Imagine Gokukoku no Brynhildr if the male lead were 55 years older and it wasn’t totally tripping balls.
The season’s first flyer hits the airwaves with a double-episode as Alice to Zouroku enters the fray. And you know, it’s not a bad effort by any means. Production issues aside I’d go so far as to say I rather liked it, in fact, though there are a number of potential trip-wires I see looming in the road ahead. Given my expectations going in, I’d say Alice & Zouroku modestly exceeded them – and that constitutes a positive start.
Premise-wise, I’d say you had me at “GAR florist”. And indeed, Ootsuka Akio’s gruff but principled Kashimura Zouroku is the best – and least formulaic – element of the premiere. Part of that is down to Ootsuka being a splendid seiyuu, but it’s an interesting and atypical (and that’s an understatement) anime character too. It’s certainly a nice change from the innocent party being dragged into a life of chaos by magical girls being a hapless adolescent boy. That Zouroku is not a mass-produced model is evident in the way the series chooses to introduce him – making a delivery (we’re not told of what, though we later see that it was a floral arrangement) to a Yakuza boss and sternly refusing to accept a Yen more than his usual fee. This is not a man who wishes to be indebted to anyone, much less a trumped-up thug.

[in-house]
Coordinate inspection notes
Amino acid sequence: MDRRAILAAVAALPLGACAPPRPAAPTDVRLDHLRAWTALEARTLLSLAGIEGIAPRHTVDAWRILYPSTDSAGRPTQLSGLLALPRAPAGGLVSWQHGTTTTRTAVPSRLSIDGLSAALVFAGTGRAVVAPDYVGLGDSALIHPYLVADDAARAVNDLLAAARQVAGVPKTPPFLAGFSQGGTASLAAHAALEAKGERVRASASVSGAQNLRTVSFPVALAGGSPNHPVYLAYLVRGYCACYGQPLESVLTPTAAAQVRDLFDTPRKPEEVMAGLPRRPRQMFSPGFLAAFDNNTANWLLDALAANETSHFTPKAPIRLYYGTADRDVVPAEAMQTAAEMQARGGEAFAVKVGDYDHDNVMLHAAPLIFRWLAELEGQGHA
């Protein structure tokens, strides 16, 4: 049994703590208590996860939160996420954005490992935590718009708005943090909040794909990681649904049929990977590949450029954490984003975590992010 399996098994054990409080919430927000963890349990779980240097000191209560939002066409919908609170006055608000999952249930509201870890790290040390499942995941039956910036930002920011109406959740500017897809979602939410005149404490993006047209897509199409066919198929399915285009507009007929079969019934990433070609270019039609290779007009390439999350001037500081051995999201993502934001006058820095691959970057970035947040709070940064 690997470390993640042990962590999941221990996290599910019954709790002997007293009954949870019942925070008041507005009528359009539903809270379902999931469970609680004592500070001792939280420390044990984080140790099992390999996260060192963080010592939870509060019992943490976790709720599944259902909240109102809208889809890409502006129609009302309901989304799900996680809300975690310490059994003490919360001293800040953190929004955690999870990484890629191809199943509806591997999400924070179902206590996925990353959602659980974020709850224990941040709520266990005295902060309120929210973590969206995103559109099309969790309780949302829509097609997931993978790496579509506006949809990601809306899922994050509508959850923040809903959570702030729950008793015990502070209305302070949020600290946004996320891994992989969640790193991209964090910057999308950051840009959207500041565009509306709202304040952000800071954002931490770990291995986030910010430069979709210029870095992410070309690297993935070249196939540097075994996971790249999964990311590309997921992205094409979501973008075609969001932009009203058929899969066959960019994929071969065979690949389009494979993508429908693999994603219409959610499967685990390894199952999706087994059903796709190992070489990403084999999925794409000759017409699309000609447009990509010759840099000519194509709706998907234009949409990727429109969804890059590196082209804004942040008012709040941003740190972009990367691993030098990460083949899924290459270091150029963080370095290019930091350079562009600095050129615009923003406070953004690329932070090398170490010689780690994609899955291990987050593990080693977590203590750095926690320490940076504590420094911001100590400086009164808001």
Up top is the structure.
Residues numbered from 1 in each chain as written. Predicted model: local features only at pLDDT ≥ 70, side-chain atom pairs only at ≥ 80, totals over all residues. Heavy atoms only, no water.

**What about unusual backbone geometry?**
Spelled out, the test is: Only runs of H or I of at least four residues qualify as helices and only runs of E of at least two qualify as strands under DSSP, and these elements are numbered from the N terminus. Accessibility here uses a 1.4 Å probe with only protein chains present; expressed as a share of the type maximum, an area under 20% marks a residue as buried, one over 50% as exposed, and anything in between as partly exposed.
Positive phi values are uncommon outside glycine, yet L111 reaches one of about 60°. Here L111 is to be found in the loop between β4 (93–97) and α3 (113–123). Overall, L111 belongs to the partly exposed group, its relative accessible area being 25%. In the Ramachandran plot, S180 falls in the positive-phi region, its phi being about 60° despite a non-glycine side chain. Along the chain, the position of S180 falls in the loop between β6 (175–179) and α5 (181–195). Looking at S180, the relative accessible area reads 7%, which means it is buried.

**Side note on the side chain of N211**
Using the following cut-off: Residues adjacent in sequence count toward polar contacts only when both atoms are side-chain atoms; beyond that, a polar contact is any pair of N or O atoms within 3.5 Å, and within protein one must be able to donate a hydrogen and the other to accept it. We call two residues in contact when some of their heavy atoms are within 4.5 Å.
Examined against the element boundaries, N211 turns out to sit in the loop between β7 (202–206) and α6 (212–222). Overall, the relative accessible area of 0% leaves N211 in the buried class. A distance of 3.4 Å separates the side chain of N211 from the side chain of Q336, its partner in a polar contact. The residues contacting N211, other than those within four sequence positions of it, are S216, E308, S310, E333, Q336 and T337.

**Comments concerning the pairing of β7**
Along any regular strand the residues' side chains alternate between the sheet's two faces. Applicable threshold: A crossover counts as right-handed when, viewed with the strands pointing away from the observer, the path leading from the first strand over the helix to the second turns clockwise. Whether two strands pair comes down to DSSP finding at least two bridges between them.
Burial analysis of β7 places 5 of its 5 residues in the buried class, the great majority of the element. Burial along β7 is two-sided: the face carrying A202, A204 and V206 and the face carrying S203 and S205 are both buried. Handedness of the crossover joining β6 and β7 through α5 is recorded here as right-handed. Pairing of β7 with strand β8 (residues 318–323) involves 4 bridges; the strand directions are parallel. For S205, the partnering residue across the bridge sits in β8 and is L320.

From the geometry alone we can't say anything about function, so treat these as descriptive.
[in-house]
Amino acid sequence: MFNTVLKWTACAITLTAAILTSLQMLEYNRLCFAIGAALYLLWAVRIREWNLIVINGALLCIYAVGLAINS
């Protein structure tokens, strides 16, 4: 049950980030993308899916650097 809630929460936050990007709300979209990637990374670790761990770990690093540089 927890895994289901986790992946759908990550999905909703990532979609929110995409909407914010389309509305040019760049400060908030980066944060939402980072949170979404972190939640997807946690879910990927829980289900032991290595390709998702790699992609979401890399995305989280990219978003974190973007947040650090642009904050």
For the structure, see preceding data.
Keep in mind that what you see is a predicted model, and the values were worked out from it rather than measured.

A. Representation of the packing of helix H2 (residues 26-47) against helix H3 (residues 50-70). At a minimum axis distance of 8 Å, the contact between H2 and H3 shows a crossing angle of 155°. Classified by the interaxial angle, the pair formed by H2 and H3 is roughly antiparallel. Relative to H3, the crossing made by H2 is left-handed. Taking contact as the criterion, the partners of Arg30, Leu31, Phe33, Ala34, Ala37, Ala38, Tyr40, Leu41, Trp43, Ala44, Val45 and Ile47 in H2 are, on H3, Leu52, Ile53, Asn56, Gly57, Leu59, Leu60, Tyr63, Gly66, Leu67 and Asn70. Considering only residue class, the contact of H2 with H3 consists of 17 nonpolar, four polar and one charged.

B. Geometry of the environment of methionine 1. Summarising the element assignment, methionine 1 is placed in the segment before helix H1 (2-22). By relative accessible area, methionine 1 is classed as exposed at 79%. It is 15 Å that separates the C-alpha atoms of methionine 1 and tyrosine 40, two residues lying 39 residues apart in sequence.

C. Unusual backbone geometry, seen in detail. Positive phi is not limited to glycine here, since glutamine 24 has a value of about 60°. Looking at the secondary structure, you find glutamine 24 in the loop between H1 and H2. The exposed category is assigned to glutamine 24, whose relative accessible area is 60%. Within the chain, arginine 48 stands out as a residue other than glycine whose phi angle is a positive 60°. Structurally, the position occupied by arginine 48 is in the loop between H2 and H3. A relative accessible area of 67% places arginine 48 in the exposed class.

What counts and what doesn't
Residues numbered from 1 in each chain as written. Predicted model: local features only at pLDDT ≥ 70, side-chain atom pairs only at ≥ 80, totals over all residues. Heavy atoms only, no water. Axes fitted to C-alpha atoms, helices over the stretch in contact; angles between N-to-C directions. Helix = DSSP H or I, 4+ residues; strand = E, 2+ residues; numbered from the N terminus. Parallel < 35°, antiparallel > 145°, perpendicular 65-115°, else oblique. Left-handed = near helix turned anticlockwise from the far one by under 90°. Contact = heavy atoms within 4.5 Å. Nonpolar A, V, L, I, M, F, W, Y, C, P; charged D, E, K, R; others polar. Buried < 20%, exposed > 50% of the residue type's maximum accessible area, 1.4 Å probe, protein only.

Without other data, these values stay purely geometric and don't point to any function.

It remains to be seen whether the rest of the story – and the production itself – can do enough to make the series work. Adorable little esper girls (though I think there is a token boy too, though it’s hard to tell as he never says anything) being exploited at a secret facility has certainly been done to death, and the Japanese fascination with Lewis Carrol seems to know no limits. The main girl is Sana (Ohwada Hitomi) – the “Red Queen” as the evil drug company head calls her – and she’s about as cliched a magic loli as you’re going to find in series like this. That her interactions with Zouroku sort of work is down to him, pretty much – having him repeatedly shoot her behavior (and that of her pursuers Asahi and Yonaga) down with bolts of hard-headed common sense is refreshing as all get out. And a clue, perhaps, that the series understands just how steeped in tropes much of this is.
The other issue I have with Alice to Zouroku is the obvious budgetary issues. I like director Sakurabi Katsushi a lot – he’s done very stylish and evocative work in the likes of Flying Witch and Asatte no Houkou. And the music by TO-MAS could hardly suit the mood better. But the look of the series itself is, frankly, terribly cheap. The CGI is awful, the background detail is almost non-existent, and for a premiere to have this many instances of off-model characters is a very worrisome sign. Sakurabi is someone I’d have some faith in to be successful relying on craft rather than cash but it’s clear J.C. Staff is producing this show on a shoestring. Enough so that it’s a clear distraction from the story, and that’s a shame.
Still, I have some hope. Kashimura-san is a keeper, and there might be some potential for his relationship with Sana (and presumably the rest of the esper kids eventually) to rise above cliche. There’s ample evidence of some wit and intelligence in the writing, and the fact that this is a seinen gives me hope that it may be at least in part a deconstruction of formula rather than just another iteration of it. I’m nowhere near feeling ready to commit to Alice to Zouroku, but I do find myself fervently hoping it will convince me to – and that’s a solid first step.